High court won’t hear Oklahoma ultrasound case

OKLAHOMA CITY — The US Supreme Court declined Tuesday to intervene in an overturned Oklahoma law that would have required women seeking abortions to first view an ultrasound image of the fetus, one of several such restrictions approved by legislatures across the country.

It was the second time in just over a week that the nation’s highest court declined to hear arguments over a proposed Oklahoma abortion restriction. It previously let stand an Oklahoma court’s decision that struck down a separate law restricting drug-induced abortion.

Under the ultrasound measure, approved by the Legislature in 2010 and struck down by the Oklahoma courts, women seeking an abortion would have been required to have an ultrasound exam and then have the image placed in front of them while the provider described the fetus.


Twenty three states had approved laws regulating ultrasounds and abortions, including three with laws similar to the Oklahoma one struck down. Those states are Texas, Louisiana, and Wisconsin, according to the Guttmacher Institute, a research group that supports abortion rights.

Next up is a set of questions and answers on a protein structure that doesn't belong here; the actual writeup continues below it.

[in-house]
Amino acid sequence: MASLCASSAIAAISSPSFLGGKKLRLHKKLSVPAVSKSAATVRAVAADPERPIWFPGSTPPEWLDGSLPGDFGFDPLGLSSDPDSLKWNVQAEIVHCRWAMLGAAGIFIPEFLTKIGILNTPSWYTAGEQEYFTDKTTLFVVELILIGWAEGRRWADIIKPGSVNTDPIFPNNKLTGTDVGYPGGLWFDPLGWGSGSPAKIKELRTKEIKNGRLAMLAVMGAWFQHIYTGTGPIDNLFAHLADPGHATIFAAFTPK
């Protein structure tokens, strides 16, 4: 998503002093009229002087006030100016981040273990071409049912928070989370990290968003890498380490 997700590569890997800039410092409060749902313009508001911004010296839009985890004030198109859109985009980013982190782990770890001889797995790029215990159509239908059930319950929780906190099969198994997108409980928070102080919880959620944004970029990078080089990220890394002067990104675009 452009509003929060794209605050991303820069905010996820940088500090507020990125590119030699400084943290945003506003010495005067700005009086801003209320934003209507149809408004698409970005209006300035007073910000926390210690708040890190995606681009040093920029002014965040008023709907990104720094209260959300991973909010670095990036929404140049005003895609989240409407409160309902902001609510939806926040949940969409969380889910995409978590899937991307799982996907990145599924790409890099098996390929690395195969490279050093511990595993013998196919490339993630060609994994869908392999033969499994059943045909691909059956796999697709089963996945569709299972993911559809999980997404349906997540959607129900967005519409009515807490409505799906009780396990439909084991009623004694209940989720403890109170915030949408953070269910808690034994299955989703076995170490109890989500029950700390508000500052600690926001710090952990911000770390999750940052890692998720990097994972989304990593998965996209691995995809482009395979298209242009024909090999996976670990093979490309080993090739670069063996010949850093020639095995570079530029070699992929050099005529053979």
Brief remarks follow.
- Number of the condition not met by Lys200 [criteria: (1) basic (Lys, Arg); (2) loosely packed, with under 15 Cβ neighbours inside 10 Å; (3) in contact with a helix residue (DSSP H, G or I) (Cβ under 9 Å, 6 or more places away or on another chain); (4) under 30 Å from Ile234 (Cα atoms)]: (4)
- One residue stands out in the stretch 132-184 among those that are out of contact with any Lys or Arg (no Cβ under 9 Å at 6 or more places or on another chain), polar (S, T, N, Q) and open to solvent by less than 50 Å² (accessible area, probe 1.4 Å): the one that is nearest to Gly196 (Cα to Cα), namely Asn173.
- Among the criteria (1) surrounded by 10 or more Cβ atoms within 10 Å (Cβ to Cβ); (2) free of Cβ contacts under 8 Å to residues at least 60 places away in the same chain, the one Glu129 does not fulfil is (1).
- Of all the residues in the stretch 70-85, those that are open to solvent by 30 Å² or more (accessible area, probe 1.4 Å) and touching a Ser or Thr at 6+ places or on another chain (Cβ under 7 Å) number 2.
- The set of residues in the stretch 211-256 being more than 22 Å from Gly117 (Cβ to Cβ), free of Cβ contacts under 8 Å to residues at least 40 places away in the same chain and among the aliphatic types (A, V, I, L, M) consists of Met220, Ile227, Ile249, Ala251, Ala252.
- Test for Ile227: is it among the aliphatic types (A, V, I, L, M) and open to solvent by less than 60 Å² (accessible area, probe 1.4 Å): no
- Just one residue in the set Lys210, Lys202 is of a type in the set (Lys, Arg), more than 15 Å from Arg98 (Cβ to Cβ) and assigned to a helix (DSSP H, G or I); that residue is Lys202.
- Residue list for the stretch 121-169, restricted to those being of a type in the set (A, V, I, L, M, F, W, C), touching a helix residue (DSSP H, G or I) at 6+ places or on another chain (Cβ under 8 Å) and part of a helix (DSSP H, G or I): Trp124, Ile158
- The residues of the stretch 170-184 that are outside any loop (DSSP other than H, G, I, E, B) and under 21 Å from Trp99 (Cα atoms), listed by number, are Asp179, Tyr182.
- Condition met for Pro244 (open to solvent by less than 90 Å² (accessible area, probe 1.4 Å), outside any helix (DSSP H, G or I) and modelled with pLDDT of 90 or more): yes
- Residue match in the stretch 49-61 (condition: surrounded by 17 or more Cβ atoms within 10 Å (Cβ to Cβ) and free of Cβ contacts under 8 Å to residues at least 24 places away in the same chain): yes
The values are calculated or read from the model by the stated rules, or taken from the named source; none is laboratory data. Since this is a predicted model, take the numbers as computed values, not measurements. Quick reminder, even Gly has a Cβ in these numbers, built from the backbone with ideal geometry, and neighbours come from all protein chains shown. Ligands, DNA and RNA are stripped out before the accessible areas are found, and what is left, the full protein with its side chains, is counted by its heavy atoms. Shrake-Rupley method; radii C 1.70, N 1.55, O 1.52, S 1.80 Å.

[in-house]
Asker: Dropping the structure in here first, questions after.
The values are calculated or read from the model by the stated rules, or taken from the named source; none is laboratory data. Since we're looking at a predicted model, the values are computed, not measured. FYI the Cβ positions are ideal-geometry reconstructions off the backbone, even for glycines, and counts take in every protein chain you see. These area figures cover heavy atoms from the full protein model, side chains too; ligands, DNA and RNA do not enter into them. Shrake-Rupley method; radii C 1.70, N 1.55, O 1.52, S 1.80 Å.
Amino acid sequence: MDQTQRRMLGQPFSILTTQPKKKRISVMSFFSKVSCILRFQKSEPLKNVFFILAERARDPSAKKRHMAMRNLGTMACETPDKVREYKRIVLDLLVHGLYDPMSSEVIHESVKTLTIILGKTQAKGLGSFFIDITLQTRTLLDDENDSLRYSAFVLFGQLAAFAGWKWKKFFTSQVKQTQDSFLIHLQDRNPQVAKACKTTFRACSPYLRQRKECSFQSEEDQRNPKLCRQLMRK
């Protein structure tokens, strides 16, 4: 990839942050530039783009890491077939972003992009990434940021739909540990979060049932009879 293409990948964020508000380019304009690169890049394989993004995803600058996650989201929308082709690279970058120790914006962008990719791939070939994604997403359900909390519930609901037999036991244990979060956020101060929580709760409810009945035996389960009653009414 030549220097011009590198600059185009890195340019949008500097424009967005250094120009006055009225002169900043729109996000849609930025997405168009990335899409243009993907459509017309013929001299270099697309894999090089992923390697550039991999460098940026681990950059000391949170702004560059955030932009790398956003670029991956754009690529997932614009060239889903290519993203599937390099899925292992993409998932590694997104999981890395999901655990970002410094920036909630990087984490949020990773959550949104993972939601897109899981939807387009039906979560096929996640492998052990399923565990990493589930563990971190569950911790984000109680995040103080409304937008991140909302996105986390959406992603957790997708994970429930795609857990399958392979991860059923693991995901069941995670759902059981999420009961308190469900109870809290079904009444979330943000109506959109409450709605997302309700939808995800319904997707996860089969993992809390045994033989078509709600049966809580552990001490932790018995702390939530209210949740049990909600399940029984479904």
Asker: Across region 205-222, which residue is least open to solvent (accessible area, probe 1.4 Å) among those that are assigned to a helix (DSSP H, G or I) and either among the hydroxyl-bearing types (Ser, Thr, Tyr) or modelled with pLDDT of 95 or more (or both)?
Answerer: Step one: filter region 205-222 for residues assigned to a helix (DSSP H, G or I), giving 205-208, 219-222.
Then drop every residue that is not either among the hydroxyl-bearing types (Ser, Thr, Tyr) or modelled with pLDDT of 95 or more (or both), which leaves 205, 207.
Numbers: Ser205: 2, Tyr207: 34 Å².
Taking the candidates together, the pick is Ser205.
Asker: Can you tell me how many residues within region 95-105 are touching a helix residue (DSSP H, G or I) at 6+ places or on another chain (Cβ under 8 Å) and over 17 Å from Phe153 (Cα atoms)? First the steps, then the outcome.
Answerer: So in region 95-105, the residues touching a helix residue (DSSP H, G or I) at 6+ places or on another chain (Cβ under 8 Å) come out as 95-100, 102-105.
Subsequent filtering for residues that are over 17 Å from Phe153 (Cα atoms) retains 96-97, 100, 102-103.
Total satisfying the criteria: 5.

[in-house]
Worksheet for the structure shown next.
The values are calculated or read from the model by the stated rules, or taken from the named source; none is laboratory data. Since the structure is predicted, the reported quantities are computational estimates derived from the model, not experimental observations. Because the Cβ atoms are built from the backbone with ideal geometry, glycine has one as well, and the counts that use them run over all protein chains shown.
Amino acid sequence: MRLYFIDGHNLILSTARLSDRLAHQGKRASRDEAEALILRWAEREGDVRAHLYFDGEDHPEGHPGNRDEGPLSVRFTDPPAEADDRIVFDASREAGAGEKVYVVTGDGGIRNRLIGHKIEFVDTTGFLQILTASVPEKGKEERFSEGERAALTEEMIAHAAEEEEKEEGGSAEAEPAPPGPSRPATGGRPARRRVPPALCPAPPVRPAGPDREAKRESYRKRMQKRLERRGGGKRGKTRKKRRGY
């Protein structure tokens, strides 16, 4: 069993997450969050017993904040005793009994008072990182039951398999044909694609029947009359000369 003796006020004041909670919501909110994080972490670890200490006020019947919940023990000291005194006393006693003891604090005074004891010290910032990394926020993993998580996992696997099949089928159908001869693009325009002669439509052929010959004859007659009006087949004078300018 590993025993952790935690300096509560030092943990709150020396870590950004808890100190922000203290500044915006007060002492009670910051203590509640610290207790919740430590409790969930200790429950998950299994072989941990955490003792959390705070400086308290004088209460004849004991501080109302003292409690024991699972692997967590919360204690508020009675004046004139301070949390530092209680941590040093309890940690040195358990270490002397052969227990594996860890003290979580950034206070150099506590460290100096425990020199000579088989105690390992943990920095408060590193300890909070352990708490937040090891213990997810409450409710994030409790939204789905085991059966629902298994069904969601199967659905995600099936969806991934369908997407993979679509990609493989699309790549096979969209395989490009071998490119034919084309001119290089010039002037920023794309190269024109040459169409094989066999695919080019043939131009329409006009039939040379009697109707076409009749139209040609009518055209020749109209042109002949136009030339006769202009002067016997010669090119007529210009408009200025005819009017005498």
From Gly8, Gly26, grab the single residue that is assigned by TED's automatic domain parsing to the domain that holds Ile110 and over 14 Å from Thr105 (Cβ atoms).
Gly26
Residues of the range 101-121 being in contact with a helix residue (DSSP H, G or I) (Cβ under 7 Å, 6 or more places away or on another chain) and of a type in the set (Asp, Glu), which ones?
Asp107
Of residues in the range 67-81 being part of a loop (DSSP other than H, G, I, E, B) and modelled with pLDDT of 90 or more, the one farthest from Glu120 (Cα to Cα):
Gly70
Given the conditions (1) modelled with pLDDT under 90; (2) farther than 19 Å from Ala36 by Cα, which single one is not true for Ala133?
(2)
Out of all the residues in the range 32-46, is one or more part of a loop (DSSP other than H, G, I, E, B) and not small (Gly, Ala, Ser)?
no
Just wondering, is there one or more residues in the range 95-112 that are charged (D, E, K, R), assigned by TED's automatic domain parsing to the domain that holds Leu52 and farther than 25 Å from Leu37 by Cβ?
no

Get Ground Game in your inbox:
Daily updates and analysis on national politics from James Pindell.
Thank you for signing up! Sign up for more newsletters here

The high court’s decision not to hear Oklahoma’s case will not affect any of the other states, and it was not clear whether the justices would eventually decide to hear arguments on one of the other state laws.

Governor Mary Fallin of Oklahoma said she was disappointed by the court system in this case.

‘‘The US Supreme Court has prohibited states like Oklahoma from banning abortion, despite the fact that our citizens are overwhelmingly prolife,’’ she said in a statement. ‘‘Now the courts have taken their hostility to prolife legislation a step further, prohibiting the state from providing more information to women about their unborn children.’’

Nancy Northup, president and CEO of the Center for Reproductive Rights, said the justices’ decision to let the Oklahoma Supreme Court ruling stand was a victory for women and reproductive health care providers. She added that it sends a clear message to lawmakers across the country ‘‘that attacks on women’s health, rights, and dignity are patently unconstitutional and will not be allowed to stand.’’

Associated Press